Brouwerij Verhaeghe “Vichtenaar Flanders Red”

May 28, 2013

It’s milestone time again, folks. Hopjacks Filling Station out in East Pensacola Heights just celebrated its first anniversary of business. I think congratulations are in order for the staff and for the fine folks who helped Filling Station become a neighborhood success.

A year ago, I was three things at once; excited for the grand opening, sore from the extensive physical labor I invested on the project, and nervous over the general population’s willingness to get the concept. By the time I left that night I was one more thing: wiped out from the tsunami of enthusiastic business we received.

I’ve since moved up the company ladder to my current station behind my desk, intrepidly hunting down any and all cool beer that might ever be available to us while planning and scheming for special events and new methods of promoting beer’s presence in our area. In the meantime, the Filling Station has been in the capable and genuinely excited hands of Megan Edwards and her staff of malt miscreants. It’s like seeing your kid off to college, beaming at their triumphs and losing sleep over their stumbles. Eventually, there’s the point when the realization is reached that they’re going to be just fine out on their own.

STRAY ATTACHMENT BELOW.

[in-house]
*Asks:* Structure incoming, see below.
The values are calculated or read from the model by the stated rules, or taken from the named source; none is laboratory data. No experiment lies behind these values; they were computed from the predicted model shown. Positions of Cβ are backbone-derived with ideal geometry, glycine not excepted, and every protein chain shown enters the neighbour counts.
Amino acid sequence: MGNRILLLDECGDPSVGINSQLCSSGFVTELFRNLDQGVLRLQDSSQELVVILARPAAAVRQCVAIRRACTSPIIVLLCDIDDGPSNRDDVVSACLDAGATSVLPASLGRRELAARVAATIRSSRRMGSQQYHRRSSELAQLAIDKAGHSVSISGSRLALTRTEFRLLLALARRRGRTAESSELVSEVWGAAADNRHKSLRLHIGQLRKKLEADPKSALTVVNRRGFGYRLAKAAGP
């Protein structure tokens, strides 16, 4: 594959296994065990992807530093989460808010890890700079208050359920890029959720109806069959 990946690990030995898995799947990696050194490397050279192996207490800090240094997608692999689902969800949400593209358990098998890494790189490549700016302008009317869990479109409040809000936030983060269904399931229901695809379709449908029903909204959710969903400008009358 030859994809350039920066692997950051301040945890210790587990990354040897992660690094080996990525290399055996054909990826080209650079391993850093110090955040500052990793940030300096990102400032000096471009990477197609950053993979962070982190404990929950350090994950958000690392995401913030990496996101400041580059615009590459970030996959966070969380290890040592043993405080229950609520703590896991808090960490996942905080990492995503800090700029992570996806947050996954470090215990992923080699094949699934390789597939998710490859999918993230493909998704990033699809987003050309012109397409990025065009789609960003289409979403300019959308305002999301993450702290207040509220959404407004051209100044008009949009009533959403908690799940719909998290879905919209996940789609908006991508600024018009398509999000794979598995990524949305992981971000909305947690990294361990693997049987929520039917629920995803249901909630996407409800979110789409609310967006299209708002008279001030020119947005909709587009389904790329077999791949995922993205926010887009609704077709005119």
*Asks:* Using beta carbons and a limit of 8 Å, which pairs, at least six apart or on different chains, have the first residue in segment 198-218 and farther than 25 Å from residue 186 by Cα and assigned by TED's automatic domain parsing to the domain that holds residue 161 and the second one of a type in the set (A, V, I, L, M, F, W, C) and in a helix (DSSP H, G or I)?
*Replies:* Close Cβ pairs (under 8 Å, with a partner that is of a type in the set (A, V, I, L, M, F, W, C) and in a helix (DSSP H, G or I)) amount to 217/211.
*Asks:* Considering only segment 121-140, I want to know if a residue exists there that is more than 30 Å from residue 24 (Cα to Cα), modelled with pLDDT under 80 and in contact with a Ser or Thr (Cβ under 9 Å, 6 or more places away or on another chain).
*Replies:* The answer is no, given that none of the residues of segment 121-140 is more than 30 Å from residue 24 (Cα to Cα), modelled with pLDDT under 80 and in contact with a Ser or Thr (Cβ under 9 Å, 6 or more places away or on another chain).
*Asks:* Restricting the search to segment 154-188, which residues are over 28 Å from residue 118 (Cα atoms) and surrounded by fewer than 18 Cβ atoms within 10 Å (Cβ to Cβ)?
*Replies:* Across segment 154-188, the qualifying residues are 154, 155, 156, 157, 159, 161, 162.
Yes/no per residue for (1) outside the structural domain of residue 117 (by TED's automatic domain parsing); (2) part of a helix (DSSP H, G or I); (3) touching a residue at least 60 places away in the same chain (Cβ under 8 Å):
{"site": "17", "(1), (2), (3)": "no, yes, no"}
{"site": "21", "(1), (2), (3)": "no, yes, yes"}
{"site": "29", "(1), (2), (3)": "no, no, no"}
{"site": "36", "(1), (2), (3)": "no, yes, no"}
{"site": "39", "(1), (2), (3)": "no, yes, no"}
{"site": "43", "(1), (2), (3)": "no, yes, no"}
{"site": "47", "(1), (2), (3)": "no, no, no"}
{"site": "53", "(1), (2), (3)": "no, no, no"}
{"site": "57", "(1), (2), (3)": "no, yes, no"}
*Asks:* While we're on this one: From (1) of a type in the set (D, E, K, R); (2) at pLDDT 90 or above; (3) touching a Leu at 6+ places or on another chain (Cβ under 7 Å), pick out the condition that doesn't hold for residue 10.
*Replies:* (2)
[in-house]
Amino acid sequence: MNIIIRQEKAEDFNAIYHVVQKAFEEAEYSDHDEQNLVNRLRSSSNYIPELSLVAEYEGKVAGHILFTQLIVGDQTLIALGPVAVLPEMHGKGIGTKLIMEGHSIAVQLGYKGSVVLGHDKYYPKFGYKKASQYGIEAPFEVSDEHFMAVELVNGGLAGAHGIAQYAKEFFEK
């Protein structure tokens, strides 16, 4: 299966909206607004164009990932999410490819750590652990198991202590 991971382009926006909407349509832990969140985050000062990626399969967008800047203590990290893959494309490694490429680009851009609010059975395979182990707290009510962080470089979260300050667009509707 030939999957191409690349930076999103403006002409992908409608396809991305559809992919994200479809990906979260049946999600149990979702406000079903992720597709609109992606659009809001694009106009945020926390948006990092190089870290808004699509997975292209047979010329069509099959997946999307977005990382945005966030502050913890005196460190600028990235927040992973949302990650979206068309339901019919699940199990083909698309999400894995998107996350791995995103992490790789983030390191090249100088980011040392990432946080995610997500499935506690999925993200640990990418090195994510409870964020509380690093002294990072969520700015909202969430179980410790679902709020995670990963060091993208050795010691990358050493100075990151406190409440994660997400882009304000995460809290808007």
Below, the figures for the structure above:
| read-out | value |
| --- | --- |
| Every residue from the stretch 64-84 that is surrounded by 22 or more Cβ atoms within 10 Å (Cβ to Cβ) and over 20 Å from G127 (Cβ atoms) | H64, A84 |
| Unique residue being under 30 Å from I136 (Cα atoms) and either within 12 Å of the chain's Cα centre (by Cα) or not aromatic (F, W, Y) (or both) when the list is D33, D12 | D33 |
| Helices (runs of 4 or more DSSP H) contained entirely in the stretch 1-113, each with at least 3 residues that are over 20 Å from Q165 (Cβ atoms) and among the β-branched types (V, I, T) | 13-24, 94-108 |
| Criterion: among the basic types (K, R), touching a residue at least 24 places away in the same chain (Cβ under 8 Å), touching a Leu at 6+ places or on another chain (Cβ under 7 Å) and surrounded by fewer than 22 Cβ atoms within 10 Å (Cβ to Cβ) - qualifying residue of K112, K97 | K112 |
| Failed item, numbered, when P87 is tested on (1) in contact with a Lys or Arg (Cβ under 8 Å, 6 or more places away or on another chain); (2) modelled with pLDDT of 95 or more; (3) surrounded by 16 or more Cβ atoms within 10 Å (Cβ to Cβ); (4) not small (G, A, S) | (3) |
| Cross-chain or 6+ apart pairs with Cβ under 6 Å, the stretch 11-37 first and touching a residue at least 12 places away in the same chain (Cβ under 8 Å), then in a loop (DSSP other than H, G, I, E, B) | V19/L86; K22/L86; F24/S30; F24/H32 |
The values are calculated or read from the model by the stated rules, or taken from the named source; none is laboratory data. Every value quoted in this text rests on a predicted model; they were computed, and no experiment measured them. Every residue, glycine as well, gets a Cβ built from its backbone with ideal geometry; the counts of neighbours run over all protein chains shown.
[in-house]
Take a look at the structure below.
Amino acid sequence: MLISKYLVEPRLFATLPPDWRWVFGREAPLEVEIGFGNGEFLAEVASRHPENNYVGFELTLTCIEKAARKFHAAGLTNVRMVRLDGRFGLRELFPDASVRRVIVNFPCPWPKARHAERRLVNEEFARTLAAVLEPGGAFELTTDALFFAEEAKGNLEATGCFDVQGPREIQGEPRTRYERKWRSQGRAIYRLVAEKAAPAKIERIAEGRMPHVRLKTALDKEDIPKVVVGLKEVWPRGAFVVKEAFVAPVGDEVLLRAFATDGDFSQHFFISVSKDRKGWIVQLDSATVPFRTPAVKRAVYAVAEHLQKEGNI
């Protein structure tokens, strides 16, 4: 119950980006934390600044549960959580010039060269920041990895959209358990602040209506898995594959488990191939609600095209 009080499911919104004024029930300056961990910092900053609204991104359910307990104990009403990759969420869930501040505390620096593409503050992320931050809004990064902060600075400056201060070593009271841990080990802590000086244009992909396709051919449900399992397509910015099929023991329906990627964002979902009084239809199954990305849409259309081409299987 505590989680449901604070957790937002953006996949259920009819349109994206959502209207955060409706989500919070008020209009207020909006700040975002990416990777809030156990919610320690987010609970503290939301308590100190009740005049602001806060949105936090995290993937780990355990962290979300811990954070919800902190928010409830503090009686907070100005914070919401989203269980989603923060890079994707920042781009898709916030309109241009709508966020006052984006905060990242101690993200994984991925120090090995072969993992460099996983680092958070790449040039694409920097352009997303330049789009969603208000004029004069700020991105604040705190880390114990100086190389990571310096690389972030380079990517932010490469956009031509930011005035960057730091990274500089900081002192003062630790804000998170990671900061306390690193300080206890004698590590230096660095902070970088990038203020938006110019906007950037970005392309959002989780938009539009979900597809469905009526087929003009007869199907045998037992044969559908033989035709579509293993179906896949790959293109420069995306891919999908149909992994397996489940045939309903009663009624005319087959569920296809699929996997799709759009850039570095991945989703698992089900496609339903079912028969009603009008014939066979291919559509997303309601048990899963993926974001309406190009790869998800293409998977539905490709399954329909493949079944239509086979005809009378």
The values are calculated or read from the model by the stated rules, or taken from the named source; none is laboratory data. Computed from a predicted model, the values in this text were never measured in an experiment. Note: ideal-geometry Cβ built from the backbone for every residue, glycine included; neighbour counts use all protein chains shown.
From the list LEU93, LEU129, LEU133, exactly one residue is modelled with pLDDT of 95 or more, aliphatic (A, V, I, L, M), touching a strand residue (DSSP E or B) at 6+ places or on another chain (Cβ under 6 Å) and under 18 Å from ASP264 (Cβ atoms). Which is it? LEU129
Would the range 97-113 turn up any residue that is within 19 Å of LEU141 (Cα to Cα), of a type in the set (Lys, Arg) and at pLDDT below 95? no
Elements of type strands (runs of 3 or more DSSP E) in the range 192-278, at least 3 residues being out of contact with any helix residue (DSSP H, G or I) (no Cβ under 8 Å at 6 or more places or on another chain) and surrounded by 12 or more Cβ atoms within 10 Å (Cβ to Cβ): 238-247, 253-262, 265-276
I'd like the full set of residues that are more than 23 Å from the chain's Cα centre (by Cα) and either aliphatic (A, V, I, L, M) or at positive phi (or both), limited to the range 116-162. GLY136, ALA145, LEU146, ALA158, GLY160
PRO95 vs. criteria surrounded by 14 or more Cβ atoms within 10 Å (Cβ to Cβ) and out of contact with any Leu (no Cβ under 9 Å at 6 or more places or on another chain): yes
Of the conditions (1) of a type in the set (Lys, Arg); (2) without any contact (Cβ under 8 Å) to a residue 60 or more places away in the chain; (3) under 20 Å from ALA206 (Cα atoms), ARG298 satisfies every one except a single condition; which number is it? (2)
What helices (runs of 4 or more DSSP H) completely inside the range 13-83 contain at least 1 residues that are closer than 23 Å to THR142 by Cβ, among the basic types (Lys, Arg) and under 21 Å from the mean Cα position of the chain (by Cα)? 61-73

A year ago I celebrated the grand opening over a bottle of pucker-inducing Rodenbach Grand Cru. 365 days later and I find it apropos to consider another Flanders red ale: Vichtenaar. While Rodenbach benefits from much longer oak cask maturation, Vichtenaar manages to bring plenty of tangy, sour nuances with only an 8-month aging. Without blending from other, older ale — like Rodenbach – it’s not as rich in the mouth feel and the natural acidity takes center stage.

Verhaeghe, the brewery family that makes Vichtenaar and Duchesse de Bourgogne, claims burnt malt in addition to water from a well 172 meters deep add to the distinctive character. My geologist father informed me of the elevated levels of calcium bicarbonate and iron present in West Flanders’ Paleozoic water aquifer from which the well draws. Knowing this, I can definitely see a mineral-metallic tang stemming from this presence.

Vichtenaar’s color is a kaleidoscope of garnet, ruby and mahogany with a lacy head that stays quite a while. Bright apple skin and sour cherry dominate the nose with a faint whiff of vanilla off the oak barrel. Flavors of brown sugar and fresh berries are there but their sweetness is kept in check by a cider-like sourness while abundant carbonation cleanses the palate.

The Filling Station staff loves this tart, vinegary-yet-refreshing beer; a conclusion they came to all on their own. That makes me a proud papa. Gosh, they grow up so fast, don’t they?